Netflix Gives Viewers a Magical Escape in New Series “The Letter For the King”

Netflix Gives Viewers a Magical Escape in New Series

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Katerina Gebhardt, Entertainment Editor

As the weeks of school closure and the nationwide shutdown continue, many are longing to be anywhere but stuck at home. In the new mini-series “The Letter for the King,” Netflix transports viewers off their couches and into a magical medieval land, making for the perfect escape from quarantine boredom. 

“The Letter for the King” is loosely based on the beloved Danish children’s book of the same title, and takes place in the three kingdoms of Unauwen, Dagonaut and Eviellan. When Tiuri (Amir Wilson), an Eviellan former refugee living in Dagonaut, finds his ascension to knighthood interrupted by a quest from the best knight in the land, he sets off on an adventure that will reveal the truth about his past and the three kingdoms. Tiuri partners with the bold adventurer Lavinia (Ruby Ashbourne Serkis) to deliver a letter to the King of Unauwen in order to prevent the evil Prince Viridian (Gijs Blom) from destroying all three kingdoms entirely.  

The series’ magical landscape and sets are fantastic, and everything from the set to the costumes are detailed and precise, making the viewer feel as if they were really there. The level of detail adds nuance to the plot that makes the whole experience immersive and enjoyable. 

While the detail put into the show’s appearance is stunning, the plot, however, is confusing at best and downright mind-boggling at worst. What could have been a simple storyline is bogged down with extra characters, introductions to new places and an unclear plot structure. Additionally, throughout the series, it is unclear who the antagonist is, and there are far too many main characters for any of them to have a clear character arc. However, the acting is of a high caliber, and it is clear that the actors did their best with flawed writing.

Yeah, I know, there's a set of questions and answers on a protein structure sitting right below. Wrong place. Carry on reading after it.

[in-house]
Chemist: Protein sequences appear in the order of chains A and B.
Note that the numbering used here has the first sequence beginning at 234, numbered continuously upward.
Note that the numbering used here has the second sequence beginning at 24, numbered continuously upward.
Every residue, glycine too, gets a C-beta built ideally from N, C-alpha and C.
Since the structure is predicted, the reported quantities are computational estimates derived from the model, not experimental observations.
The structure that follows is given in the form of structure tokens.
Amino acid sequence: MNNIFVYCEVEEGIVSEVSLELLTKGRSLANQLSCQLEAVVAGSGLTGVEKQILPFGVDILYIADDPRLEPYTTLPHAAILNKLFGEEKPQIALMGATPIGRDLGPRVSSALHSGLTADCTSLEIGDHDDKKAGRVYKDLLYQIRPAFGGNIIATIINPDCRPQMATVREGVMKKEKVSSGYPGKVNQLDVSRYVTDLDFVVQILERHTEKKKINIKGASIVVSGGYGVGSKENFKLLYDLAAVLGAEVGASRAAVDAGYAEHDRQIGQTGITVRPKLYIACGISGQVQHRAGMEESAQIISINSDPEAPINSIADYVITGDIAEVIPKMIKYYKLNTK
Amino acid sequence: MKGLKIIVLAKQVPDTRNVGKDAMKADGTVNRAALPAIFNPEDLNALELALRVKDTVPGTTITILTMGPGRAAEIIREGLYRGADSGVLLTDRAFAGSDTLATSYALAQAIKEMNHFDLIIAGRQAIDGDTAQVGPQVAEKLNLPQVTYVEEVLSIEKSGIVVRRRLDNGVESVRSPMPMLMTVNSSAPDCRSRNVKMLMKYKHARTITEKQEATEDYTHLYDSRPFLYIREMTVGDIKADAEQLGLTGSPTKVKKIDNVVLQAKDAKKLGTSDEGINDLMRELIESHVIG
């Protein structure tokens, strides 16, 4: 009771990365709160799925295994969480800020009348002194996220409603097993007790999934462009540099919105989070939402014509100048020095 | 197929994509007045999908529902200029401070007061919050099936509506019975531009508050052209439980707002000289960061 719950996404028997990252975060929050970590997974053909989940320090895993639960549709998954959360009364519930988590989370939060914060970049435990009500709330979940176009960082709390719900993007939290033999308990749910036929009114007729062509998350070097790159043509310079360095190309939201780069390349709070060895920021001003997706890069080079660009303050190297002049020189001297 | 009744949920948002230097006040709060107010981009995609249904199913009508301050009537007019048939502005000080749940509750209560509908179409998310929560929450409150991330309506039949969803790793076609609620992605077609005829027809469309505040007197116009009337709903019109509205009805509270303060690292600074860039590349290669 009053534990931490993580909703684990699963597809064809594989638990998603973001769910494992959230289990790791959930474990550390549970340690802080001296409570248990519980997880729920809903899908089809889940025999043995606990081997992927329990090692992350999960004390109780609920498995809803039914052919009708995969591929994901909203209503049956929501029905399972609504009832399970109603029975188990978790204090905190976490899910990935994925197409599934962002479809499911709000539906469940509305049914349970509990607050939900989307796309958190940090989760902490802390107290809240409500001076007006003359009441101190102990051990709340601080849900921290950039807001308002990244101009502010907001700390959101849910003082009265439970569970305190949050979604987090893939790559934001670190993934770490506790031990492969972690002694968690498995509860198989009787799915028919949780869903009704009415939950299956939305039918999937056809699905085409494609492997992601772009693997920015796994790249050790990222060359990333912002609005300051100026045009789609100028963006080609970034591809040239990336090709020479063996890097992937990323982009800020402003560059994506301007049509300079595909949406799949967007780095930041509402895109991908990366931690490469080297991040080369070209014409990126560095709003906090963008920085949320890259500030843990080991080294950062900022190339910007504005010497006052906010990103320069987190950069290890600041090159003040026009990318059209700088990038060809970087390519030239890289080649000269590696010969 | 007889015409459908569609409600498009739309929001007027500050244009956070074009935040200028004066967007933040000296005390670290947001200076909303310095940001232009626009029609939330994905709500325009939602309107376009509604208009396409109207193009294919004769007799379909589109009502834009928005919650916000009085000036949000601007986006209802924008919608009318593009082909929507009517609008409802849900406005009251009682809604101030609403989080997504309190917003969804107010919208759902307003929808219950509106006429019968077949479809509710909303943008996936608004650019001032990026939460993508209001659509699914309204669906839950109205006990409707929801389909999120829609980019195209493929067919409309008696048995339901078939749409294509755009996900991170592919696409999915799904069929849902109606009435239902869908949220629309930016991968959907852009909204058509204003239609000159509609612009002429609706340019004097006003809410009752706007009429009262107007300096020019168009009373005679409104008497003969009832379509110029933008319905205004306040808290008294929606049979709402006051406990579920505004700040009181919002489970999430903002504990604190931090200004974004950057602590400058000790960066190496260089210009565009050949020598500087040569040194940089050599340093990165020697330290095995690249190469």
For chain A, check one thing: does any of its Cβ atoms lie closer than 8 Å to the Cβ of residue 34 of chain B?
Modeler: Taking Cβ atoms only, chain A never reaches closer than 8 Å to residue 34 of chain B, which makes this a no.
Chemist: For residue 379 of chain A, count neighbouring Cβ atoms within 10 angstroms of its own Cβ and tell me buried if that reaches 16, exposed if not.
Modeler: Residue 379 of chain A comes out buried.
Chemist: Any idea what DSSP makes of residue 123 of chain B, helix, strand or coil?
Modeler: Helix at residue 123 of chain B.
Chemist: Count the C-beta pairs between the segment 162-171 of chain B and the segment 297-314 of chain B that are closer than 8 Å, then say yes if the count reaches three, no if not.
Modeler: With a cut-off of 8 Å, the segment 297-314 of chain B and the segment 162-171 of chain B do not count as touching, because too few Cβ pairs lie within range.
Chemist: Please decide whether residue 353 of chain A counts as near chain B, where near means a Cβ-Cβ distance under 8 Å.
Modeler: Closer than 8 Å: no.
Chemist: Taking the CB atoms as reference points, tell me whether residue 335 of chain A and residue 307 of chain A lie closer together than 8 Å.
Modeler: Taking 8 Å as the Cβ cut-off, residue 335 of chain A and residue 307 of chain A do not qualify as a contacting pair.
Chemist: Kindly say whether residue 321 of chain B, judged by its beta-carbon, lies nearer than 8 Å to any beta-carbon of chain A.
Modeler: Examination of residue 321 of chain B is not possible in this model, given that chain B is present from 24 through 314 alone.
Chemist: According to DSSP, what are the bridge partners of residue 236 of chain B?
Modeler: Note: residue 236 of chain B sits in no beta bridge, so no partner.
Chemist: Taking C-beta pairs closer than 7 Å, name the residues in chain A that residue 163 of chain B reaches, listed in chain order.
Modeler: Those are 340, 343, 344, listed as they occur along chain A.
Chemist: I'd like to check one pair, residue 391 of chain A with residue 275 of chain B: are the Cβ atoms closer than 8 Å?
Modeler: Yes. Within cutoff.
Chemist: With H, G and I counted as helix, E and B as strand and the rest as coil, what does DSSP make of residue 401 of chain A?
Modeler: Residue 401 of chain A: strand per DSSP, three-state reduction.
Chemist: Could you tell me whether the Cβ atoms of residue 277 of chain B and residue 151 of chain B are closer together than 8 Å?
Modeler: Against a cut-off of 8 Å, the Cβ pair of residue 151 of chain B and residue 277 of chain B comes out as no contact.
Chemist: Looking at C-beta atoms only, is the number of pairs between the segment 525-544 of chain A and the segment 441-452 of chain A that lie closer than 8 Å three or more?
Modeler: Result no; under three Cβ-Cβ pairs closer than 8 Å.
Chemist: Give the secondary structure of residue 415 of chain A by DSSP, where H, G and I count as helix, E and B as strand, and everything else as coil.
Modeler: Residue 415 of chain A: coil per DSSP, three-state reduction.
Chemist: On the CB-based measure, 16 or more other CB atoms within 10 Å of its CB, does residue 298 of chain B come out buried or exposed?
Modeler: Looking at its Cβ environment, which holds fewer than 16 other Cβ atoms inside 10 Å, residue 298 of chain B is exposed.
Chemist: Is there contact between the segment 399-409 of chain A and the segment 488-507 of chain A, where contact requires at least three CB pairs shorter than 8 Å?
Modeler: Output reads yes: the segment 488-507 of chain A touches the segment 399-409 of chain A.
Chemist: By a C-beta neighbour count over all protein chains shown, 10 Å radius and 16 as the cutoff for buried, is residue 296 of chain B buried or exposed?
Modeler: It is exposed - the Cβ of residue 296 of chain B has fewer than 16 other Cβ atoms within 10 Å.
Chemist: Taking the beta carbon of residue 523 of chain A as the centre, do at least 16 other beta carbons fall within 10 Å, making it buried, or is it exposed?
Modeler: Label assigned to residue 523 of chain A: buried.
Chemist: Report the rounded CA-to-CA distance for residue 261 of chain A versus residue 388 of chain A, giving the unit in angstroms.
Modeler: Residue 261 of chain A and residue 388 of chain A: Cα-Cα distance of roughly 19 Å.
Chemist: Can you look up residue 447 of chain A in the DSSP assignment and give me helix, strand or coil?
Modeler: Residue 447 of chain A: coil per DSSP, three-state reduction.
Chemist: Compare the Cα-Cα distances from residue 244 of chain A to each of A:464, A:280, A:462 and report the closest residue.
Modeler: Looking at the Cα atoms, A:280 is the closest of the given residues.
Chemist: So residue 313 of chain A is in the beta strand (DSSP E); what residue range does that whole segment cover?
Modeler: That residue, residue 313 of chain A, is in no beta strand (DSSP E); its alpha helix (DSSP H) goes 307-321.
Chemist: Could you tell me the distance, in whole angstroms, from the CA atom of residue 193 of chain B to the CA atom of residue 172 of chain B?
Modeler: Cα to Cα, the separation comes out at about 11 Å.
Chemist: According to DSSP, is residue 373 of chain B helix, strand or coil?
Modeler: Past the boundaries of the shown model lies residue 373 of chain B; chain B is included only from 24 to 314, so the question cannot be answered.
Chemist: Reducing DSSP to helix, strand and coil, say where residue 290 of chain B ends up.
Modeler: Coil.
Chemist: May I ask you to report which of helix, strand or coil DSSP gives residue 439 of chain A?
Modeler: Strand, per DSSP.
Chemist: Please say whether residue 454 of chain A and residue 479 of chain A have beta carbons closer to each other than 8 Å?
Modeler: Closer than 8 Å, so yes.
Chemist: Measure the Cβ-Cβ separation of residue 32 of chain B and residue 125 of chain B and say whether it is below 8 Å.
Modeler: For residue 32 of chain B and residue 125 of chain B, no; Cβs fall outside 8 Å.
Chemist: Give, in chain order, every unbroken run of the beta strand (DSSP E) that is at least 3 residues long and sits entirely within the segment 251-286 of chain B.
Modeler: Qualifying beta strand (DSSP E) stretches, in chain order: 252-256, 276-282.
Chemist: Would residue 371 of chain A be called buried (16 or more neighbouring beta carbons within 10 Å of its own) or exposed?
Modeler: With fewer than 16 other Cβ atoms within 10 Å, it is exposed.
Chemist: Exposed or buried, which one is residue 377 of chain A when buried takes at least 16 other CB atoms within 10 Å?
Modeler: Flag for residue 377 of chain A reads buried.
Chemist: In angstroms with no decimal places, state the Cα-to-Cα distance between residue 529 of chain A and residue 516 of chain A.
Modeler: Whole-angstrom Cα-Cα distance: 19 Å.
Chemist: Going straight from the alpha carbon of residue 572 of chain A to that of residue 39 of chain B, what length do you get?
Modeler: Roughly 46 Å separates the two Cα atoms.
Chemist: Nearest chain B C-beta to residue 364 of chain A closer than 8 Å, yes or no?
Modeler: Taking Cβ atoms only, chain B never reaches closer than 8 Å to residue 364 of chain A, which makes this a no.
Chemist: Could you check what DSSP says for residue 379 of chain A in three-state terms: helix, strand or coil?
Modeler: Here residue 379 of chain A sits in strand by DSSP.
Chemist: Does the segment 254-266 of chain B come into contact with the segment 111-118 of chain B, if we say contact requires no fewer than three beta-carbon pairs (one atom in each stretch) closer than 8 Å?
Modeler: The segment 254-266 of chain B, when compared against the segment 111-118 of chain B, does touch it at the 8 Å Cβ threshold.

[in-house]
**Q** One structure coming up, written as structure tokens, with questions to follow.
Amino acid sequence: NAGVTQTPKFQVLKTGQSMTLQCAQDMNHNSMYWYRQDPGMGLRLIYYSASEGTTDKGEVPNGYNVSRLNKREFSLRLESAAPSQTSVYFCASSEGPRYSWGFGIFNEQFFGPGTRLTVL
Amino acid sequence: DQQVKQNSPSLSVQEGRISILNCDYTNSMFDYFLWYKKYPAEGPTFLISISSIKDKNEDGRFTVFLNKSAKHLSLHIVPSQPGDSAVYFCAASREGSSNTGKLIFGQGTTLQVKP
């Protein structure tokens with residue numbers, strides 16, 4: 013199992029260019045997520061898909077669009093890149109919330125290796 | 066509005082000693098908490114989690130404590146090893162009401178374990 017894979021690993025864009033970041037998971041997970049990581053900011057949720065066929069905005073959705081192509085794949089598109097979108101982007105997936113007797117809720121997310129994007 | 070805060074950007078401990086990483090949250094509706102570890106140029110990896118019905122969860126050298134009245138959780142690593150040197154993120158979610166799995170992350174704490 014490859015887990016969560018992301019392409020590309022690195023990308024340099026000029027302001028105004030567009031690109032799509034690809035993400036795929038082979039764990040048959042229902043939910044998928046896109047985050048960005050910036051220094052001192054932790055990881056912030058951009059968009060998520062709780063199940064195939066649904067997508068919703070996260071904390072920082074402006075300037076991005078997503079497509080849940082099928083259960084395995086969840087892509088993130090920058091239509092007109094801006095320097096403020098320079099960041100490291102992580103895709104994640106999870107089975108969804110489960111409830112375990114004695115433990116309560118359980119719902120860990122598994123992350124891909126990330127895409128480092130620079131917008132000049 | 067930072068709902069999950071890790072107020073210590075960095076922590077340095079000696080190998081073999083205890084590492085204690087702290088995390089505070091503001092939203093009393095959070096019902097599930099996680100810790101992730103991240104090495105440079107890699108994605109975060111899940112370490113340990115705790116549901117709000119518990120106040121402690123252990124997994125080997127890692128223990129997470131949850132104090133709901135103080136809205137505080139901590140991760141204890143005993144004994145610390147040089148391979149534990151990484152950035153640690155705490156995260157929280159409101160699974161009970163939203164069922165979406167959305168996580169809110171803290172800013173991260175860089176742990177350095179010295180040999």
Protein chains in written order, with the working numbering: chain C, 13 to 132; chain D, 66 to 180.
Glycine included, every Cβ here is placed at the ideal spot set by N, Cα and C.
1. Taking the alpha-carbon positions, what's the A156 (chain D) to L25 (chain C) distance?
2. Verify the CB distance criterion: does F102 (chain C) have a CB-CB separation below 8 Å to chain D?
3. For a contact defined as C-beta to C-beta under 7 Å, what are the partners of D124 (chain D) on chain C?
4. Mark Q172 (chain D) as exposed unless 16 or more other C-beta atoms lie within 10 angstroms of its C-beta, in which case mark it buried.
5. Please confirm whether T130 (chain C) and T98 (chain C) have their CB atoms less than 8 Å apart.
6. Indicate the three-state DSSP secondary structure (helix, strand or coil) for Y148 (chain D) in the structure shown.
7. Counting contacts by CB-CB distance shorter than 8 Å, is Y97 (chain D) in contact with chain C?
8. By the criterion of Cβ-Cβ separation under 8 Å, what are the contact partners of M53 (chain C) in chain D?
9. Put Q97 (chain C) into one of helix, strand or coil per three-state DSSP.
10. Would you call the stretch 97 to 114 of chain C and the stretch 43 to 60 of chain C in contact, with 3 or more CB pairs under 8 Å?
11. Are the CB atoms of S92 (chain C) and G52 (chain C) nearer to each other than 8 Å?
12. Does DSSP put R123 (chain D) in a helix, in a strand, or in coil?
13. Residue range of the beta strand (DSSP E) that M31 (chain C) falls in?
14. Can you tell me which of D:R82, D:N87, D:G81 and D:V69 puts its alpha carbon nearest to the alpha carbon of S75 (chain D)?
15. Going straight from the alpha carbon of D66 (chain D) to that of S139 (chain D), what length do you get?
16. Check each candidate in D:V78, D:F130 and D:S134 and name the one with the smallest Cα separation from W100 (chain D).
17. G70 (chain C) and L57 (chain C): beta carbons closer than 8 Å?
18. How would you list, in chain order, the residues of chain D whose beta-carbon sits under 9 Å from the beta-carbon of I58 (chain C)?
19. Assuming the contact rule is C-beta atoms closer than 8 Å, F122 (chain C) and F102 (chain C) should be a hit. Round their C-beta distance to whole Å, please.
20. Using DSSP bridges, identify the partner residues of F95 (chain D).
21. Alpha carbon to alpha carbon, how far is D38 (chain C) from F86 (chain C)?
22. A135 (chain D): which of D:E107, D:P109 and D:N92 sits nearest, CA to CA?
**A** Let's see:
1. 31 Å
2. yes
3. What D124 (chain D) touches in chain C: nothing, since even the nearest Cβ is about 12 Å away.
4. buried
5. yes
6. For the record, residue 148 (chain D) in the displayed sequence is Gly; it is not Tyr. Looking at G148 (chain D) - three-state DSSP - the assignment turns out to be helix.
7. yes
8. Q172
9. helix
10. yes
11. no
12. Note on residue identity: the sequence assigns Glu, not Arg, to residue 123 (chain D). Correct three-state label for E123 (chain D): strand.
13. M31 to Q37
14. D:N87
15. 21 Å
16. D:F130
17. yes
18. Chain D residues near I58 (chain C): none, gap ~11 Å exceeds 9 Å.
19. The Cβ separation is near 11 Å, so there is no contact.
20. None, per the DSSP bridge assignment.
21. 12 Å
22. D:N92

“The Letter for the King” also touched upon the struggle many teenagers have with being taken seriously by adults, as all the teenagers and young characters in the story face ridicule, shame and belittlement from the older characters. The series does a good job empathizing with the characters’ struggles with gaining independence and respect. 

Despite the flaws in structure and storyline, the fantastical storyland created by Netflix will quell the boredom of anyone who watches it. Overall, “The Letter for the King” makes for an enjoyable series that is sure to keep viewers entertained throughout the weeks of school closure.